|April 16, 2012 | Volume 87, Number 12|
‘God is unmissed’
It is sad but not surprising that in Europe today there is a culture in which God appears to be “silent and unmissed in the lives of many.”
People obviously are going about their everyday lives in which little thought is given — much less a prayer — to God and seeking the Lord’s guidance for problems and situations in which there are not always clear answers.
This is the feeling of the Irish bishops in a new pastoral letter issued March 29.
The 12-page document, “Repent and Believe the Good News,” deals with the importance of repentance for the Irish Catholic Church.
Less than a week later both the Anglican and Catholic archbishops of Dublin, Ireland’s largest city, led an ecumenical Way of the Cross to emphasize the common Christian message of repentance which is encouraged by both Anglicans and Catholics. (see photo on page one)
Repentance is or should be a constant aim of Christians who recently heard this message during Lent. But the Irish bishops in their letter say today there are “many spheres of life in which even believers rarely recognize the relevance of the Gospel.”
They cite Pope Benedict XVI’s question of whether the West, “the heartlands of Christianity,” is tired of its faith, bored by its history and culture, and no longer wishes to know faith in Jesus Christ.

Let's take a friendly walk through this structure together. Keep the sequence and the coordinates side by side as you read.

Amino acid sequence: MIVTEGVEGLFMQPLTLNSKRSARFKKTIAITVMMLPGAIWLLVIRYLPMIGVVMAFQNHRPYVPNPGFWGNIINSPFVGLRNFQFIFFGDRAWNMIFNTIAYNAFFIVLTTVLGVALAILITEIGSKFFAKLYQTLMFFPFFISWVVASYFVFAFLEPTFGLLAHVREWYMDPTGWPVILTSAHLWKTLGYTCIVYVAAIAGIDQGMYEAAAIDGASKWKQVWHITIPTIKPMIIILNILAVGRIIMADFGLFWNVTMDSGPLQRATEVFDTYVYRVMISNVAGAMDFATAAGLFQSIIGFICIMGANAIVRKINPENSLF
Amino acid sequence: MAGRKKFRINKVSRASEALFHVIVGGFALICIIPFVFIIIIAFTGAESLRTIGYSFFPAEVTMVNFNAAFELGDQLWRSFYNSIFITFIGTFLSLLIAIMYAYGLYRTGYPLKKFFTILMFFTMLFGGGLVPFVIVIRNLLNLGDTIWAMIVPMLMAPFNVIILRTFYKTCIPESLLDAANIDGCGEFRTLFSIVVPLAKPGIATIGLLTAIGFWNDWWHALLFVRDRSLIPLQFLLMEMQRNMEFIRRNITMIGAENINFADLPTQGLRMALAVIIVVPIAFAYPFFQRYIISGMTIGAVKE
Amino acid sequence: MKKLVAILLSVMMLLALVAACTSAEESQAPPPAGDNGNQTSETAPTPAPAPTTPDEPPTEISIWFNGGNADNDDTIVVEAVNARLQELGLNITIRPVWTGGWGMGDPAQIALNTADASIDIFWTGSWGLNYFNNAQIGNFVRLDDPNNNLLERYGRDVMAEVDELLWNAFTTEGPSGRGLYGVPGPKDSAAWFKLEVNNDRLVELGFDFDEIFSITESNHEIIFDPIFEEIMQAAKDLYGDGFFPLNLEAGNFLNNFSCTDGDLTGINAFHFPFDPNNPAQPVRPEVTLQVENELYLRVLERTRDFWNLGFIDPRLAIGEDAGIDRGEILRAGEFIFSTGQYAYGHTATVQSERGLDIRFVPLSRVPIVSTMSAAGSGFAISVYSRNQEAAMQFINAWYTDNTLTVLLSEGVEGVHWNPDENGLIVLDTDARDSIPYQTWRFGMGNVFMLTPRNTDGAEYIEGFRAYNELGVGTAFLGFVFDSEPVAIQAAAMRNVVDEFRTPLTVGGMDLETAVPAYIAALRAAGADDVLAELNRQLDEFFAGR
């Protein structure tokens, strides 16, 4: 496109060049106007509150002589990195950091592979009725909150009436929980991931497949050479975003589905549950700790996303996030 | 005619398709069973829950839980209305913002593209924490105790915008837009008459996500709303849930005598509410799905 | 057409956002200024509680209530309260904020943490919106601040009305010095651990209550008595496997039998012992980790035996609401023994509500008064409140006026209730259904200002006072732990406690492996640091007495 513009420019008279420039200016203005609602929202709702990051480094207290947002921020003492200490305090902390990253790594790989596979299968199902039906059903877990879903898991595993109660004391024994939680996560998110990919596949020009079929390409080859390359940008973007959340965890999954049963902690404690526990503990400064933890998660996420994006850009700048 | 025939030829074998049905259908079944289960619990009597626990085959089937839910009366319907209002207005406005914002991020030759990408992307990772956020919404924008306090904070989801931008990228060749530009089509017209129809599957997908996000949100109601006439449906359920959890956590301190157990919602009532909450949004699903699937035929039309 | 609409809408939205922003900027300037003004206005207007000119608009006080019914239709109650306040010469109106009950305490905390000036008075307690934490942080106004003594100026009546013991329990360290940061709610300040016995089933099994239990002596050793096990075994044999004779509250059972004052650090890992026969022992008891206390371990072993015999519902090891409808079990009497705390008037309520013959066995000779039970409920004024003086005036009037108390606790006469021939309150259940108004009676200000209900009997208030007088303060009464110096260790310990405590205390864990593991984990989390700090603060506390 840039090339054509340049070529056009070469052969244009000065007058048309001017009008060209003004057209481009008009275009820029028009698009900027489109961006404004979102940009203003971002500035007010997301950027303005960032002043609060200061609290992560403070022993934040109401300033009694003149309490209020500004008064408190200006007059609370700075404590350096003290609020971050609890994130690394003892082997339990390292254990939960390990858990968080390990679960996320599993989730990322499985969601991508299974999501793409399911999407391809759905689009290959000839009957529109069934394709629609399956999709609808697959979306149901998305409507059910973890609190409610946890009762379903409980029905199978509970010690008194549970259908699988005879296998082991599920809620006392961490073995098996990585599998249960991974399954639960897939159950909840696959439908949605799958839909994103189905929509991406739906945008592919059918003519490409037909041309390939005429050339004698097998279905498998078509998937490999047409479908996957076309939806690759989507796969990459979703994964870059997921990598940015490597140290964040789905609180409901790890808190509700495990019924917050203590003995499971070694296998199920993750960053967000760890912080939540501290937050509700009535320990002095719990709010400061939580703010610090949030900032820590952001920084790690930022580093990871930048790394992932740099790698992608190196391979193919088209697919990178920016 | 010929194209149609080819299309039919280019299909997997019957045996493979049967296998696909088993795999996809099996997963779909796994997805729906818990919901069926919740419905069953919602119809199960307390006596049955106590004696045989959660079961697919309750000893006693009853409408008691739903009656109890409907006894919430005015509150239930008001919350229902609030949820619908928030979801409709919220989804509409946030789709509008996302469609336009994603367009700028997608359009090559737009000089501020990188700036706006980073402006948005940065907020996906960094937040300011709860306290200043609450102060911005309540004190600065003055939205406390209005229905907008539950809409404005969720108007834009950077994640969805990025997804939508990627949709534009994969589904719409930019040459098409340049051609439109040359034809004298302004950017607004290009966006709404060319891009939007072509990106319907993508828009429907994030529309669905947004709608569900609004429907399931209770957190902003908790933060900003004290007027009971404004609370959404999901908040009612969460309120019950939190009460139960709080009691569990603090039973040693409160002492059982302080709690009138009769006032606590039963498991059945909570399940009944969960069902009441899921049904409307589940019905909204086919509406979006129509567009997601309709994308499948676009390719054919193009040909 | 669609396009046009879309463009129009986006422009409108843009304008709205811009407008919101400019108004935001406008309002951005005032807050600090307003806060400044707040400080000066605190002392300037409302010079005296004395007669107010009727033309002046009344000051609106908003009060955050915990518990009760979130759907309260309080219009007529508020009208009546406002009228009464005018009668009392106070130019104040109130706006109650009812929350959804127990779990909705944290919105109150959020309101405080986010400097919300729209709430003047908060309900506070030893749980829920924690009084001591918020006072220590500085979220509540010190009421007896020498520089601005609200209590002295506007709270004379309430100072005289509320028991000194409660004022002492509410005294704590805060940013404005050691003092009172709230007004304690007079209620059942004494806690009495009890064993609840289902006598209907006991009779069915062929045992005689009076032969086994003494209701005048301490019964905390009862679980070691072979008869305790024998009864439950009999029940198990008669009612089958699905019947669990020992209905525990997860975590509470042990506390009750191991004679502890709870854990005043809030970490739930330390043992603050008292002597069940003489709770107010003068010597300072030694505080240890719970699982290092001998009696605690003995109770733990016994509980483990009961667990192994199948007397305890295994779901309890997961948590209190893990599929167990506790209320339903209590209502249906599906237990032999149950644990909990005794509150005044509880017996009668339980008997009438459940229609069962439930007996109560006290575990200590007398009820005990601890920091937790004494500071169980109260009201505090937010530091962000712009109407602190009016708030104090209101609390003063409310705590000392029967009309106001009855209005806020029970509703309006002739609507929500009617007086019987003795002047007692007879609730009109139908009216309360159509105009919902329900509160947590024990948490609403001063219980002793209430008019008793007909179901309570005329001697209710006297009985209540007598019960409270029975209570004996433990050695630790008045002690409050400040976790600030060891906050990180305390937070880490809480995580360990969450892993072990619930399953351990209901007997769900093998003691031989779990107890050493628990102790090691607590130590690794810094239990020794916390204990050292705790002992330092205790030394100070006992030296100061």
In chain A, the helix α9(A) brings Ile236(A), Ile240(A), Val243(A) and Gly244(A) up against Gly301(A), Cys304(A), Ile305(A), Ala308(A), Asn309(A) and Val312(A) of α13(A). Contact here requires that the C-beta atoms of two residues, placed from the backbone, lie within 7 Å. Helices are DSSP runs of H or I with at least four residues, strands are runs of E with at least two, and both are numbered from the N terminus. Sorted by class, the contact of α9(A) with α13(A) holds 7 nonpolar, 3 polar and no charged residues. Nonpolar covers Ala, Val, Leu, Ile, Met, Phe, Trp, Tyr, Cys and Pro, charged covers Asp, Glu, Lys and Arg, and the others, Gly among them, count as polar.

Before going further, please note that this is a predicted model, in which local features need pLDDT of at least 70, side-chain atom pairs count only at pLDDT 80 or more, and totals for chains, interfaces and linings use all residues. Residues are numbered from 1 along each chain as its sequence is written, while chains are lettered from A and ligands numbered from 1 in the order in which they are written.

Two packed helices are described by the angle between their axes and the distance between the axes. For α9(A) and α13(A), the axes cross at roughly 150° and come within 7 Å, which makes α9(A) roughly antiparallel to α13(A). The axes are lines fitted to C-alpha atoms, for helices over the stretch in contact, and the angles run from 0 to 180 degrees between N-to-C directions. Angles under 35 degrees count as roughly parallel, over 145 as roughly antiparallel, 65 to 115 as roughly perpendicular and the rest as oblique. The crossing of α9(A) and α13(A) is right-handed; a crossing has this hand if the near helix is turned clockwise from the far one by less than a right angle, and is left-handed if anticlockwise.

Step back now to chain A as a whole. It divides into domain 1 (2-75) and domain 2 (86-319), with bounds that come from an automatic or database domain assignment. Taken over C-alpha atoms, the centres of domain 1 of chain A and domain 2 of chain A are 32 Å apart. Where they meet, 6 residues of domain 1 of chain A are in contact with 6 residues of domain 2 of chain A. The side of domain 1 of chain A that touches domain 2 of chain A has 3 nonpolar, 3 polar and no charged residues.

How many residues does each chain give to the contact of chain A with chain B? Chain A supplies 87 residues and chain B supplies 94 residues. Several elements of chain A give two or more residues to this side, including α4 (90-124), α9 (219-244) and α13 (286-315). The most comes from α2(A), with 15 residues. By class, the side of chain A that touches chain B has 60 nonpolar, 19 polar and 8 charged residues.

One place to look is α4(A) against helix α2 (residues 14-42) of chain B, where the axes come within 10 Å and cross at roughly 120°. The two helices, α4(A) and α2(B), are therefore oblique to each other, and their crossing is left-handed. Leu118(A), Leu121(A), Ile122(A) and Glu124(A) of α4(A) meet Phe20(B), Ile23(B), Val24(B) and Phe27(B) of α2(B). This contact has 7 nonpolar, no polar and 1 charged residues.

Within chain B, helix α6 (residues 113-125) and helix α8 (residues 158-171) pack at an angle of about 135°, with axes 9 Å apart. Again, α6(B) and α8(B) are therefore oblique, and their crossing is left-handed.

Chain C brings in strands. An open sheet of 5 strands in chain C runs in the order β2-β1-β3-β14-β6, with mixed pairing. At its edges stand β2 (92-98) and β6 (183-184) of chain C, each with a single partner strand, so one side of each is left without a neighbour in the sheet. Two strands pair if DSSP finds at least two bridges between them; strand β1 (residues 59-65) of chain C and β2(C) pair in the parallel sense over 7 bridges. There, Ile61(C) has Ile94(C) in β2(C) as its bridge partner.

Yes, we are all affected by our culture and the world we live in today. Movies, videos and network TV shows continue to show gory violence and comedies poke fun at people who promote respect for religion and moral values. These jabs at traditional family values are often 30-second “teasers” which promote an upcoming episode. The producers obviously think this will draw a large audience. And unfortunately, it does.
The Irish bishops, in their pastoral letter, state that it “takes a real effort in a busy and noisy world to ask the fundamental questions about what our lives mean and where they are leading” and to make the space to get priorities right.
Bishop Francis X. DiLorenzo is urging “high commitment Catholics” to reach out to “low and medium commitment Catholics” or those who have dropped out of the Church altogether to come to church with them. While most might decline the invitation, there is still the call to evangelize.
And what about those who say “yes?”
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